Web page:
7 comments:

  1. I think you put forth a good argument for more in-depth stories here Paul. My friend and I once had a discussion about this very topic and I kind of came to the conclusion that if someone wants to find about a character/story, they will do the legwork. The internet, back issues, and the glut of trades nowadays makes it pretty darn easy for people to find out about what happened previously in comics.

    Geoff Johns also had an interview about this type of concern, and he simply said people aren't as lost as they're made out to be. I tend to agree, but I'm a little biased, given my ingrained knowledge of comic related junk.

    Great post (as usual)!

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  2. Thanks dude. You're quite right about the 'net, the back issues and the trades. At the risk of sounding like an old man, we didn't have Wikipedia and Ebay in our day and we figured it out.

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  3. An interesting post, which I find more interesting by the fact that your general arguments are pretty different from my general arguments. I think we'd come to similar conclusions when we get to the details, though.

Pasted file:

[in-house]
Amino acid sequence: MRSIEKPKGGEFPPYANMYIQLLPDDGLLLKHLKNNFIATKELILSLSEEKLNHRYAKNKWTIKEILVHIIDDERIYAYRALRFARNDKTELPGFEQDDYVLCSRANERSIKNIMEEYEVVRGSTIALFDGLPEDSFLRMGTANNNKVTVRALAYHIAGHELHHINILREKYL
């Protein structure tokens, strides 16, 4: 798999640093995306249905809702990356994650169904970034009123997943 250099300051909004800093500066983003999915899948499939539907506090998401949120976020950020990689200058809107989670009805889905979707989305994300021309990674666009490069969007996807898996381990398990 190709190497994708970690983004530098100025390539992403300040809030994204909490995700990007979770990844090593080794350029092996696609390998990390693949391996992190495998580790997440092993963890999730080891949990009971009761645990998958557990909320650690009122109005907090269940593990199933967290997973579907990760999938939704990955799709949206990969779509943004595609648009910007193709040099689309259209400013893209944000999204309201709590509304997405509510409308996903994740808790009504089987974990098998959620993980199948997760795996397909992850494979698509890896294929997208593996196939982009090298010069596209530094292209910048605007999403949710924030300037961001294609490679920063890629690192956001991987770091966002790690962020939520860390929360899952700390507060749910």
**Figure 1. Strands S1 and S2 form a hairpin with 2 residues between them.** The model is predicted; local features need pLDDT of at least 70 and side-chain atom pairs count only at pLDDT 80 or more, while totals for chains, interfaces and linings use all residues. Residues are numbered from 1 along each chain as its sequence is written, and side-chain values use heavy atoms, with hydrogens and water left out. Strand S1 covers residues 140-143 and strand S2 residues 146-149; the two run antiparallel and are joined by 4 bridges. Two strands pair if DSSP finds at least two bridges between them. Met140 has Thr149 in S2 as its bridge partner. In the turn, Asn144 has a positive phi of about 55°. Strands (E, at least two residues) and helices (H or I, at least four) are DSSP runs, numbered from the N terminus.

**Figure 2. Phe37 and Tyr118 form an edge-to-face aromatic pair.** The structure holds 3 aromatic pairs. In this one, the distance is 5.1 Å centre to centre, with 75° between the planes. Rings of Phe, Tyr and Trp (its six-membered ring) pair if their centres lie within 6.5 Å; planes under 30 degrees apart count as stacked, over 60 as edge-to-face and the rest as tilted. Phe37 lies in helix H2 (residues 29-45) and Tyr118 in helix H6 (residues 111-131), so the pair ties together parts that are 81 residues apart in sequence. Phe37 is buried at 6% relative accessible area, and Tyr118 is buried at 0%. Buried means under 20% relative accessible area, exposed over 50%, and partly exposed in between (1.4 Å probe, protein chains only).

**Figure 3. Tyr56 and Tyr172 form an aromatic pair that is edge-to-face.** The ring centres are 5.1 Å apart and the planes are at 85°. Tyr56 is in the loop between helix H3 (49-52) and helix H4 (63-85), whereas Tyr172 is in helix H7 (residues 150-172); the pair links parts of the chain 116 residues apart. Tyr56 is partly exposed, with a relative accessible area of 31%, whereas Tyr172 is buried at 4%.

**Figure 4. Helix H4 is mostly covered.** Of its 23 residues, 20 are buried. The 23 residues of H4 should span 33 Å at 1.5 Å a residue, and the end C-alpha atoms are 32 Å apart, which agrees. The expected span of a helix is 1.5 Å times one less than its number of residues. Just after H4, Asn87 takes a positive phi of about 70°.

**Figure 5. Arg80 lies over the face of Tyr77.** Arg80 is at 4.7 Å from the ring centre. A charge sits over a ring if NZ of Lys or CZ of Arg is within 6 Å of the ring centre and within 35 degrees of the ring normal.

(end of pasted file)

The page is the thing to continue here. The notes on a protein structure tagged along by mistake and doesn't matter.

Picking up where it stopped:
In terms of accessibility, I think there are different levels. My first comic ever was SILVER SURFER #51, which was smack-dab in the middle of the INFINITY GAUNTLET, and that was pretty accessible. But there were also other comics that weren't written in such an accessible way. (THE X-MEN were the prime example of this, sometimes with plot points that would get introduced in issue x and not picked up on until issue x+6.) I think that a lot of the comics today are structured so they fit in trades, or they'd be adaptable into a movie, so if you're walking into the middle of a story, you naturally would be confused. We had the advantage of reader-friendly writers; you could pick up everything you needed to know in a story via osmosis. I don't think kids today have that advantage, with the exception of some titles, and I actually do think that some writers take it for granted that people will look up on Wikipedia anything they didn't get.